d in some states, a point of consumption tax (PoC Tax), payable as a percentage of revenue derived from customers located in specific jurisdictions (see Section VIII, below).


The extent to which advertising of gambling is prohibited depends on the type of gambling in question, the form of the advertising and the jurisdiction in which the advertising is conducted.

There is a complex arrangement of rules that regulate the advertising of gambling, including in state and territory legislation, which varies from jurisdiction to jurisdiction. In addition, there are industry codes (such as the Australian Association of National Advertisers Wagering Advertising & Marketing Communication Code), as well as more broadly applicable laws, such as federal consumer laws (which prohibit misleading and deceptive conduct).

For example, overlapping requirements under state and territory laws make it an offence to publish or otherwise advertise wagering services that, among other things:

a encourage a breach of the law;

b depict children under the age of 18, or target children under the age of 18;

c suggest that winning will be a definite outcome of participating in gambling activities, or exaggerate claims relating to winning;

d suggest that participation in gambling activities is likely to improve a person’s prospects;

e promote the consumption of alcohol while engaging in gambling activities;

f are offensive, or are not published in accordance with decency, dignity or good taste; or

g offer an inducement to participate, or participate frequently in a gambling activity, including an inducement to open a betting account (the Inducement Prohibitions).

Strict laws apply specifically to advertisements published in traditional media, such as on print, television and radio advertising. Recently, the federal government has reformed Australia’s media laws, including by implementing further restrictions relating to the advertising of sports betting in the course of live sports broadcasts (see Section VIII, below). Land-based advertising in pubs, clubs and hotels where retail betting is offered is also subject to restrictions.

There are also strict requirements relating to the display of responsible gambling messages, which vary greatly from jurisdiction to jurisdiction. These messages are required to be included with all advertising material that is published by a gambling operator, including at physical and virtual points of sale.

The Australian Competition and Consumer Commission (ACCC) has also brought a successful action against an Australian online wagering operator for advertising that was deemed to be misleading and deceptive by the Federal Court.6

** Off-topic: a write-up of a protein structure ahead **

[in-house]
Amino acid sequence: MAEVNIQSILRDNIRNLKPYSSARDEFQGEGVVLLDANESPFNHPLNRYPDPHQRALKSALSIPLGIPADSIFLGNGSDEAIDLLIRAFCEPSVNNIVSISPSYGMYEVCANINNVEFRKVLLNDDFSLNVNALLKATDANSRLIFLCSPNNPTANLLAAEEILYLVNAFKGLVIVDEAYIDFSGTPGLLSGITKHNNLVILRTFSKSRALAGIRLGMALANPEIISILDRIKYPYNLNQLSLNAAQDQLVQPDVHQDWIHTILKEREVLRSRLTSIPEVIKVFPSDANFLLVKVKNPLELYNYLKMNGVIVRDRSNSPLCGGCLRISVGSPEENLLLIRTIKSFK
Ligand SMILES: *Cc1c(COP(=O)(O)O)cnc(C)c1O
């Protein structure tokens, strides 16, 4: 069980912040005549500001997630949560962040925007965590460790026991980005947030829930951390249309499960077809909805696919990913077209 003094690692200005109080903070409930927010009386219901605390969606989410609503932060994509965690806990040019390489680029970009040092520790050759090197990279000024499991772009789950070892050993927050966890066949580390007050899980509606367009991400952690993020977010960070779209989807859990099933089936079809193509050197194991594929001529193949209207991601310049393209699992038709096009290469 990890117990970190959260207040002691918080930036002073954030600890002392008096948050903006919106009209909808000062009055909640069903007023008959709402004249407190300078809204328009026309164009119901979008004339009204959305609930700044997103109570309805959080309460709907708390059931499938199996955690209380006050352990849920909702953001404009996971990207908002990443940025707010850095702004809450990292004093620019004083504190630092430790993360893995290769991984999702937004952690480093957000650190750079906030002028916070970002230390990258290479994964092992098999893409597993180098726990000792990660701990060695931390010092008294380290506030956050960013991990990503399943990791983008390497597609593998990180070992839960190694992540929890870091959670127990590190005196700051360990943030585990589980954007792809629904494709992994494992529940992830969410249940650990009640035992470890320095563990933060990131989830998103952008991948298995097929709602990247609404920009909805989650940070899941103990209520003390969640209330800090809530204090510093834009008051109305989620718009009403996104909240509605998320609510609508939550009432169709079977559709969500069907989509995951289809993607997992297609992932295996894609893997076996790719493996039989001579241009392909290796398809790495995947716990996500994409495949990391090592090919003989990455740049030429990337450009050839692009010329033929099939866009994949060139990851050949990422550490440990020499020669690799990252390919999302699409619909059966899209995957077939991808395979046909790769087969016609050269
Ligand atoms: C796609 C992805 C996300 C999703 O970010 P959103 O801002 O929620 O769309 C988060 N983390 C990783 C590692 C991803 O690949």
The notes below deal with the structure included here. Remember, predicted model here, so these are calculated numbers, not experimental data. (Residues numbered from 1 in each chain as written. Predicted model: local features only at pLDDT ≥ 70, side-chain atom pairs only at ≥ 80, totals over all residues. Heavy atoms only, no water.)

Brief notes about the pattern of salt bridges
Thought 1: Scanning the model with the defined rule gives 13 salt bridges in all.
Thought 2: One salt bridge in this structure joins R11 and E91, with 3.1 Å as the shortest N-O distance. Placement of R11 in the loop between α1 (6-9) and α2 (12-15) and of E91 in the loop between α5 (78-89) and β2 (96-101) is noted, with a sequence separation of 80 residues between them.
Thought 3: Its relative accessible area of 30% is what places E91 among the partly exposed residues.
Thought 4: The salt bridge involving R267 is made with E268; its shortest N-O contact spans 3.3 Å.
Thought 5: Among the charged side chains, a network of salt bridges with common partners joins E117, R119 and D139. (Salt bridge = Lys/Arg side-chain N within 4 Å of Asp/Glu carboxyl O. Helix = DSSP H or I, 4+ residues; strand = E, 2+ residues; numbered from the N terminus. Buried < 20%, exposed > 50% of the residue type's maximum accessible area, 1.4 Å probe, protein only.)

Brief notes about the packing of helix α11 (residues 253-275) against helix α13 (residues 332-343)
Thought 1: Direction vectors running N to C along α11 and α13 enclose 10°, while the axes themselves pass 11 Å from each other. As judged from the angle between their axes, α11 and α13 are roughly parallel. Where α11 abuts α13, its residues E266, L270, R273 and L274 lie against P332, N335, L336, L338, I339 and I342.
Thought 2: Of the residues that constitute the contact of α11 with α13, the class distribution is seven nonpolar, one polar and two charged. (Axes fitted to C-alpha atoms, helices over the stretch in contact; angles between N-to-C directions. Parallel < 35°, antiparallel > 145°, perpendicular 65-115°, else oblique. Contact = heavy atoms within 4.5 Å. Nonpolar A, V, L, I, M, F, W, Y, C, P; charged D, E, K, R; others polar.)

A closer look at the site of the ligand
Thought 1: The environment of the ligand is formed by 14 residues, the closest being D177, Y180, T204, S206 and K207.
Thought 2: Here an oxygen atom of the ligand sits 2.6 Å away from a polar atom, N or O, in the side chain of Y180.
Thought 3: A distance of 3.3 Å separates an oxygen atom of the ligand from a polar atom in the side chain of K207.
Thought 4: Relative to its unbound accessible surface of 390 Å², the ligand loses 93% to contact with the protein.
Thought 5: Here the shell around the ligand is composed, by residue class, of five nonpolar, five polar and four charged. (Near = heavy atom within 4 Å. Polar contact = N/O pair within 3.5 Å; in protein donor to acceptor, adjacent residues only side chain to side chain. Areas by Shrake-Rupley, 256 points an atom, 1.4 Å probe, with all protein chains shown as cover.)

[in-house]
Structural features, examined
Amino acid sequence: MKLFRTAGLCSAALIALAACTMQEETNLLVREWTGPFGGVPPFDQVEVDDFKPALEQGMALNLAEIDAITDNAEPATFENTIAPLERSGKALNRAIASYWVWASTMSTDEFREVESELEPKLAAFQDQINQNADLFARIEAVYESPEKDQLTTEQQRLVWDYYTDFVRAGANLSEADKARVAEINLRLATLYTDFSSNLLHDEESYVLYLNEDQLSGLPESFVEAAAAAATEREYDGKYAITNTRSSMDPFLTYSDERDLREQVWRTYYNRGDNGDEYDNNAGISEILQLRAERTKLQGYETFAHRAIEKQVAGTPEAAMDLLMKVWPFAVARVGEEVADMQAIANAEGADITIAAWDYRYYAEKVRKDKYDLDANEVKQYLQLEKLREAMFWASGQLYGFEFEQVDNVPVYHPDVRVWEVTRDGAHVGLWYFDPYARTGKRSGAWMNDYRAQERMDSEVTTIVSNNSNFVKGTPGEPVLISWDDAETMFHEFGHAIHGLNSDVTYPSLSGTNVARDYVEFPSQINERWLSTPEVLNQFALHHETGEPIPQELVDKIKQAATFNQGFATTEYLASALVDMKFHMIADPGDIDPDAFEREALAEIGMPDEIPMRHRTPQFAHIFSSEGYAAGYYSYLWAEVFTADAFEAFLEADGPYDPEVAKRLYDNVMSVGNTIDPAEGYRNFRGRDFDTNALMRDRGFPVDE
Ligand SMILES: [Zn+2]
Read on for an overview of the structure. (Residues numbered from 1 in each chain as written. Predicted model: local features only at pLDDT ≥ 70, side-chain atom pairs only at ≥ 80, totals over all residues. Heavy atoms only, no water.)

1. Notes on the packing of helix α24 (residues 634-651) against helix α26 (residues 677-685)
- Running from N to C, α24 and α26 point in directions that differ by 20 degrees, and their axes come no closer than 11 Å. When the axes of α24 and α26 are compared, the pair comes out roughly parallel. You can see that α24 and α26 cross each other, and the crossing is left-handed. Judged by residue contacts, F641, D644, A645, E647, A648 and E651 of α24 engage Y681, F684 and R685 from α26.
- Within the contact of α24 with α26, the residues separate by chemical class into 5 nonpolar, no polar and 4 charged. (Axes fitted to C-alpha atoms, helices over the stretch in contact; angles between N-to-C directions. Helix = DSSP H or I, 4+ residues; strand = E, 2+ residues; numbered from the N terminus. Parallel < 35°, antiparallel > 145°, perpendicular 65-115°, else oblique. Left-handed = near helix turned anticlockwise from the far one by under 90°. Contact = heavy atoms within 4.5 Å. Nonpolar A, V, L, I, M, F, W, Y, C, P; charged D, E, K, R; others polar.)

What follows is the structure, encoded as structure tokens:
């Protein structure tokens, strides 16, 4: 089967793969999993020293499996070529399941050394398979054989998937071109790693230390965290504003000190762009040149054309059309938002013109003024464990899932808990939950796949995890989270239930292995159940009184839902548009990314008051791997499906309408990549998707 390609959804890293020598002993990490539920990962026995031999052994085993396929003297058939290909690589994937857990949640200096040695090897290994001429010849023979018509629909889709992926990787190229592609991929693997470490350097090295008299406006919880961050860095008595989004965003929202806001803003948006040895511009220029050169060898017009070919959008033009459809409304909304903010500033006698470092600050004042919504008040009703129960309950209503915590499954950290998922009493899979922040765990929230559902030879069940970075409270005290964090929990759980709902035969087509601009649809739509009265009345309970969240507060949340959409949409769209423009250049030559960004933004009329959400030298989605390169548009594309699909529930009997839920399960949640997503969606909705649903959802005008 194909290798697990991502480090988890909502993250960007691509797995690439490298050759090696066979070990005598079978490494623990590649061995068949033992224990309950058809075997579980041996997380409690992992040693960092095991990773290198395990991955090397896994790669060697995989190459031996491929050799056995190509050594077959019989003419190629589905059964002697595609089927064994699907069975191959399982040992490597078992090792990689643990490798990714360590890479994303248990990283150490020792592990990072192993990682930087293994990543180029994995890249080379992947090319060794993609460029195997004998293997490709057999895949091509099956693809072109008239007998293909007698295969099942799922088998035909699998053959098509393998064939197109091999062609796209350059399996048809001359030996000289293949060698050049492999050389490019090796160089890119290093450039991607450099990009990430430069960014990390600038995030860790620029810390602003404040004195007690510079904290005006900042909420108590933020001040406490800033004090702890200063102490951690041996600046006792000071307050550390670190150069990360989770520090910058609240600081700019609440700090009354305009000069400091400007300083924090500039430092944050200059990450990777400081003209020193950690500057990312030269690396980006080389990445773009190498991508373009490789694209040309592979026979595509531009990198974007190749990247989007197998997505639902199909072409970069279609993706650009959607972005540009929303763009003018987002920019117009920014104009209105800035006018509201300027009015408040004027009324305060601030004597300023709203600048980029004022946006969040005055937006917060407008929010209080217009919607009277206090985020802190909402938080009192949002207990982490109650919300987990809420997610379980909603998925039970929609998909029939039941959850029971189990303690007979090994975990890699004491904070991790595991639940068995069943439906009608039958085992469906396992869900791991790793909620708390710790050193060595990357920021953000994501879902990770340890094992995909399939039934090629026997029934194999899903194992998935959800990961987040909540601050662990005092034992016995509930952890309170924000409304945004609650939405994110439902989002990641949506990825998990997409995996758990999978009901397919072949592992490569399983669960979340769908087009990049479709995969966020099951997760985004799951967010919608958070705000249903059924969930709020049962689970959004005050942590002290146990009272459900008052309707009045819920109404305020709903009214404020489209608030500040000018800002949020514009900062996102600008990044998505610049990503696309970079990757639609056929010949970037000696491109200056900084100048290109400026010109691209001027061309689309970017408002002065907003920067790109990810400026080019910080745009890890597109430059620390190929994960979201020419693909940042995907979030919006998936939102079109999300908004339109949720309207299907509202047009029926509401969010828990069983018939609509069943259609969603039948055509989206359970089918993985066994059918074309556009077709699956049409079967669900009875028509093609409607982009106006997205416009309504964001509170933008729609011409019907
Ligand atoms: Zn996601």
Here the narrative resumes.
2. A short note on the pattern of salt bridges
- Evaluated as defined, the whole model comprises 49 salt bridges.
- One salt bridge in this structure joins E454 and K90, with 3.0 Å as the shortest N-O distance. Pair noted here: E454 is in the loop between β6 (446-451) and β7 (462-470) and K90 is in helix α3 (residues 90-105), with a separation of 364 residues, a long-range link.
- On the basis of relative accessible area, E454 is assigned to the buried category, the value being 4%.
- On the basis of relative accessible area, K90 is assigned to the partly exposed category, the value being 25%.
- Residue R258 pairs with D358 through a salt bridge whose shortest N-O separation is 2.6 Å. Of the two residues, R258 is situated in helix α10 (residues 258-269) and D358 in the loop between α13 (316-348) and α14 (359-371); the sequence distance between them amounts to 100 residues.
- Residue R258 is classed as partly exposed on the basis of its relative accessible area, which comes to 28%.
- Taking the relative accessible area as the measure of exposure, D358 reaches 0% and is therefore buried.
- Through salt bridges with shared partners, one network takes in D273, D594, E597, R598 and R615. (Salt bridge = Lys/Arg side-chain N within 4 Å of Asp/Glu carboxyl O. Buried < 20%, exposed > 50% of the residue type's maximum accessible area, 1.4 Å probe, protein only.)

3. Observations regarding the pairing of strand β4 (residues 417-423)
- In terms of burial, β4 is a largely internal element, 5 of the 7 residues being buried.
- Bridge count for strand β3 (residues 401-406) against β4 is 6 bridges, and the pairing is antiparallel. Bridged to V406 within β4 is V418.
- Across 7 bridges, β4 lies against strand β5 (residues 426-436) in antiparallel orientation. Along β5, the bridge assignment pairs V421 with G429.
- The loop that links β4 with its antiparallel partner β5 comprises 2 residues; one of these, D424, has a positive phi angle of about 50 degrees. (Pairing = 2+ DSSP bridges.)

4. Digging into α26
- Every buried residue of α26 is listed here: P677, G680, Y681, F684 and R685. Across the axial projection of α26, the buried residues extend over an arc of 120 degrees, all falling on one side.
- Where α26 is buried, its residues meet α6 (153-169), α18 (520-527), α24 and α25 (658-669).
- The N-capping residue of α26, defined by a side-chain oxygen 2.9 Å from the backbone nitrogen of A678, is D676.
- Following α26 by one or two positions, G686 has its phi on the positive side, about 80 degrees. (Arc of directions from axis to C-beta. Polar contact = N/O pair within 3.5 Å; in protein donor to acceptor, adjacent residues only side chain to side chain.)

i Interactive Gambling Amendment Act 2017 (Cth)

In August 2017, the federal parliament passed the Interactive Gambling Amendment Act 2017, in response to criticism that the existing legislation was ineffective as a means of deterring unlicensed offshore gambling operators from providing services to Australian residents. The key changes introduced by this legislation have been discussed throughout this chapter, and include:

a the introduction of a new civil penalty regime and the Section 15AA Offence;

b expansion of the existing aiding and abetting offence (which triggers the operation of Section 11.2 of the Criminal Code Act 1995 (Cth) and Section 92 of the Regulatory Powers (Standard Provisions) Act 2014 (Cth));

c the prohibition on the use of VoIP technology by licensed wagering operators to facilitate in-play betting services;

d banning the provision of lines of credit by wagering operators; and

e granting of greater enforcement powers to the ACMA, including the power to issue formal warning and infringement notices, seek civil penalty orders and injunctions, notify international regulators and place persons on the Movement Alert List.

As a result of the changes, many overseas operators providing online gambling services previously have withdrawn from the Australian market.

ii Lottery betting

In September 2017, Tatts and the Australian Lottery and Newsagents Association united to launch the ‘Lottoland’s Gotta Go!’ campaign. The campaign was featured in point-of-sale material posters in newsagents and on television across the country, broadcasting the message that Lottoland, a sports bookmaker licensed in the Northern Territory that accepted bets on the outcome of lotteries, should be prohibited from operating in Australia.

In response, various states announced an intention to introduce legislation that would prohibit, or otherwise impose restrictions on, the provision of secondary lottery products to customers located in that state. In November 2017, the Northern Territory Attorney General formally directed the NTRC to remove ‘Australian lotteries’ as an approved betting contingency. This had the effect of causing those lottery betting providers licensed in the Northern Territory to reduce their offering to betting on the outcome of foreign lotteries only. In March 2018, the Interactive Gambling Amendment (Lottery Betting) Bill 2018 (the Bill) was introduced into the federal House of Representatives. The Bill proposes to prohibit the provision of services for the placing, making, receiving or acceptance of bets on the outcome of Australian and overseas lottery draws to persons located in Australia. At the time of writing, debate has not commenced on the Bill.


i Point of consumption taxes

Since July 2017, betting operators have been liable to pay a PoC Tax on bets placed by customers in South Australia at a rate of 15 per cent of net wagering revenue. In early 2017, the federal government discussed the possibility of introducing a point of consumption tax for gambling operators to apply federally. No legislative proposals introducing this tax have been released to date.